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Genital Warts

Genital warts form in the genital area. They usually appear as skin-colored or darker raised bumps that can be flat or rough. One wart may appear, or more often, a cluster of warts develops.


Genital warts are caused by certain types of human papillomavirus (HPV), and can be spread by sexual contact. A person who does not have a visible wart can still spread the HPV virus to others, and some people who carry the virus may never develop genital warts. It may take weeks or months for genital warts to develop after sexual contact with an infected person. People who have weakened immune systems are more likely to develop genital warts.


Warts may be diagnosed by examination; sometimes a biopsy is performed to confirm the diagnosis.


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  • Treatment is recommended not only to eliminate the genital warts, but also to reduce the risk of spreading the virus to others. Some strains of HPV spread through sexual contact can cause cancers of the genitals, anus or mouth and or throat.
  • Treatment options include:
    • Prescription medications such as imiquimod, sinecatechins or podofilox that can be applied at home
    • Freezing the areas with liquid nitrogen
    • Destroying the warts with laser or electrocautery
    • Injecting the warts with an antiviral medication
  • Treatment of warts may remove the visible warts, but infection with HPV can remain. One should take the following precautions:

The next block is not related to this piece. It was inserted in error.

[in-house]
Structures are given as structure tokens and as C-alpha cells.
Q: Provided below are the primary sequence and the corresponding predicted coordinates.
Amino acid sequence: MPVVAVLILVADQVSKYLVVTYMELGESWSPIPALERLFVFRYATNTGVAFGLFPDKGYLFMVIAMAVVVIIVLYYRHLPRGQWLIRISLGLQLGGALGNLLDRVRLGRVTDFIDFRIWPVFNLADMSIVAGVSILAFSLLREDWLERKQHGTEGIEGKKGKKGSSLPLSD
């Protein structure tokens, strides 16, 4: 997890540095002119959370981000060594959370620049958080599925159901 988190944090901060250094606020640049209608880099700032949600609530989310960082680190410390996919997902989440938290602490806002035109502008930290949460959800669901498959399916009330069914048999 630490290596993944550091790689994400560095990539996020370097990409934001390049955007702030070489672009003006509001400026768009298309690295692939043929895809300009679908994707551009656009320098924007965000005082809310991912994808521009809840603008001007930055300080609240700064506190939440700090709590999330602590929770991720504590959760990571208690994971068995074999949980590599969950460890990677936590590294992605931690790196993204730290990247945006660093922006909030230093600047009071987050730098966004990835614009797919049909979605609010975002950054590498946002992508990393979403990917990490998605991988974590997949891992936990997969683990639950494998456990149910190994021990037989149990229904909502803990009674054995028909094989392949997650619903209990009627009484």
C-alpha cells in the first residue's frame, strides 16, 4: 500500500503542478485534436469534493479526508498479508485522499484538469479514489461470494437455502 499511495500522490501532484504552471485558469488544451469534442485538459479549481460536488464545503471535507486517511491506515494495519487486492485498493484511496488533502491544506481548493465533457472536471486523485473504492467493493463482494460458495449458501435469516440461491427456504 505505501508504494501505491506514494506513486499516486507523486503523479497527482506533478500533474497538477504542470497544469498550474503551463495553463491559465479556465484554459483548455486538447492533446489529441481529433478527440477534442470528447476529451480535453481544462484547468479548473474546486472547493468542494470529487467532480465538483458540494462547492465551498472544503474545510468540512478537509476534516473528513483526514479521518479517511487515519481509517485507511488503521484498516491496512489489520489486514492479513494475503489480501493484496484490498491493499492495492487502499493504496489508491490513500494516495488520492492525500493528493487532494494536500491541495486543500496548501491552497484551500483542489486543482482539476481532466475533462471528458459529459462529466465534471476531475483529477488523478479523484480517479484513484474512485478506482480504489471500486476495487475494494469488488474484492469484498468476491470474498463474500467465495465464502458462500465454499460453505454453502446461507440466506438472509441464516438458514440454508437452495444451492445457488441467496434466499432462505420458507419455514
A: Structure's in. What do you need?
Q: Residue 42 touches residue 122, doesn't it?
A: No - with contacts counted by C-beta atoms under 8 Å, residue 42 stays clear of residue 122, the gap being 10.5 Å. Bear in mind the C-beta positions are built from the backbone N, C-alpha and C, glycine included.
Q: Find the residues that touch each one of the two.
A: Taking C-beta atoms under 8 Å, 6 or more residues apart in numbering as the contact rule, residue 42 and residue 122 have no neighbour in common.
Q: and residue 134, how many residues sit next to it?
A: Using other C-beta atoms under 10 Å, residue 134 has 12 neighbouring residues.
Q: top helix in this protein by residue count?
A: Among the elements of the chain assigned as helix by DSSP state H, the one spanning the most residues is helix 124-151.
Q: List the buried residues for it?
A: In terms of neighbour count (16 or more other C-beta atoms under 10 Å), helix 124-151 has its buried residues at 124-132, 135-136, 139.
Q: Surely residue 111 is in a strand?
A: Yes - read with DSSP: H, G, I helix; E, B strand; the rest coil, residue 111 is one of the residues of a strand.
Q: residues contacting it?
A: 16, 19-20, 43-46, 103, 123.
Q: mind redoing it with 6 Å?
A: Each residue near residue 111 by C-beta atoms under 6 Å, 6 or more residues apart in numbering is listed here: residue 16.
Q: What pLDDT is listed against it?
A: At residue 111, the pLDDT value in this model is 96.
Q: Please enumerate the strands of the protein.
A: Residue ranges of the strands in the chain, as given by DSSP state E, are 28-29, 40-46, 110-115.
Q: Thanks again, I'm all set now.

• Use a condom to reduce the risk of spreading the virus to others
    • Women should get PAP smears as recommended to screen for high-risk strains of HPV (forms that may cause cancer)



The following measures can be taken to reduce the risk of contracting genital warts:
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  • Get an HPV vaccine – these vaccines can be given to males and females, and are most effective if given before a person’s first sexual contact. Vaccines can protect against the forms of HPV that are most likely to cause cancer, and one of the available vaccines also protects against the two most common types of HPV that cause genital warts.
  • Using condoms – condoms significantly decrease the risk of getting an HPV infection, but as HPV can infect skin not covered by a condom, they are not 100% effective.
  • Limit sexual partners – HPV is very common and the only way to eliminate any risk of infection is to avoid all sexual activity.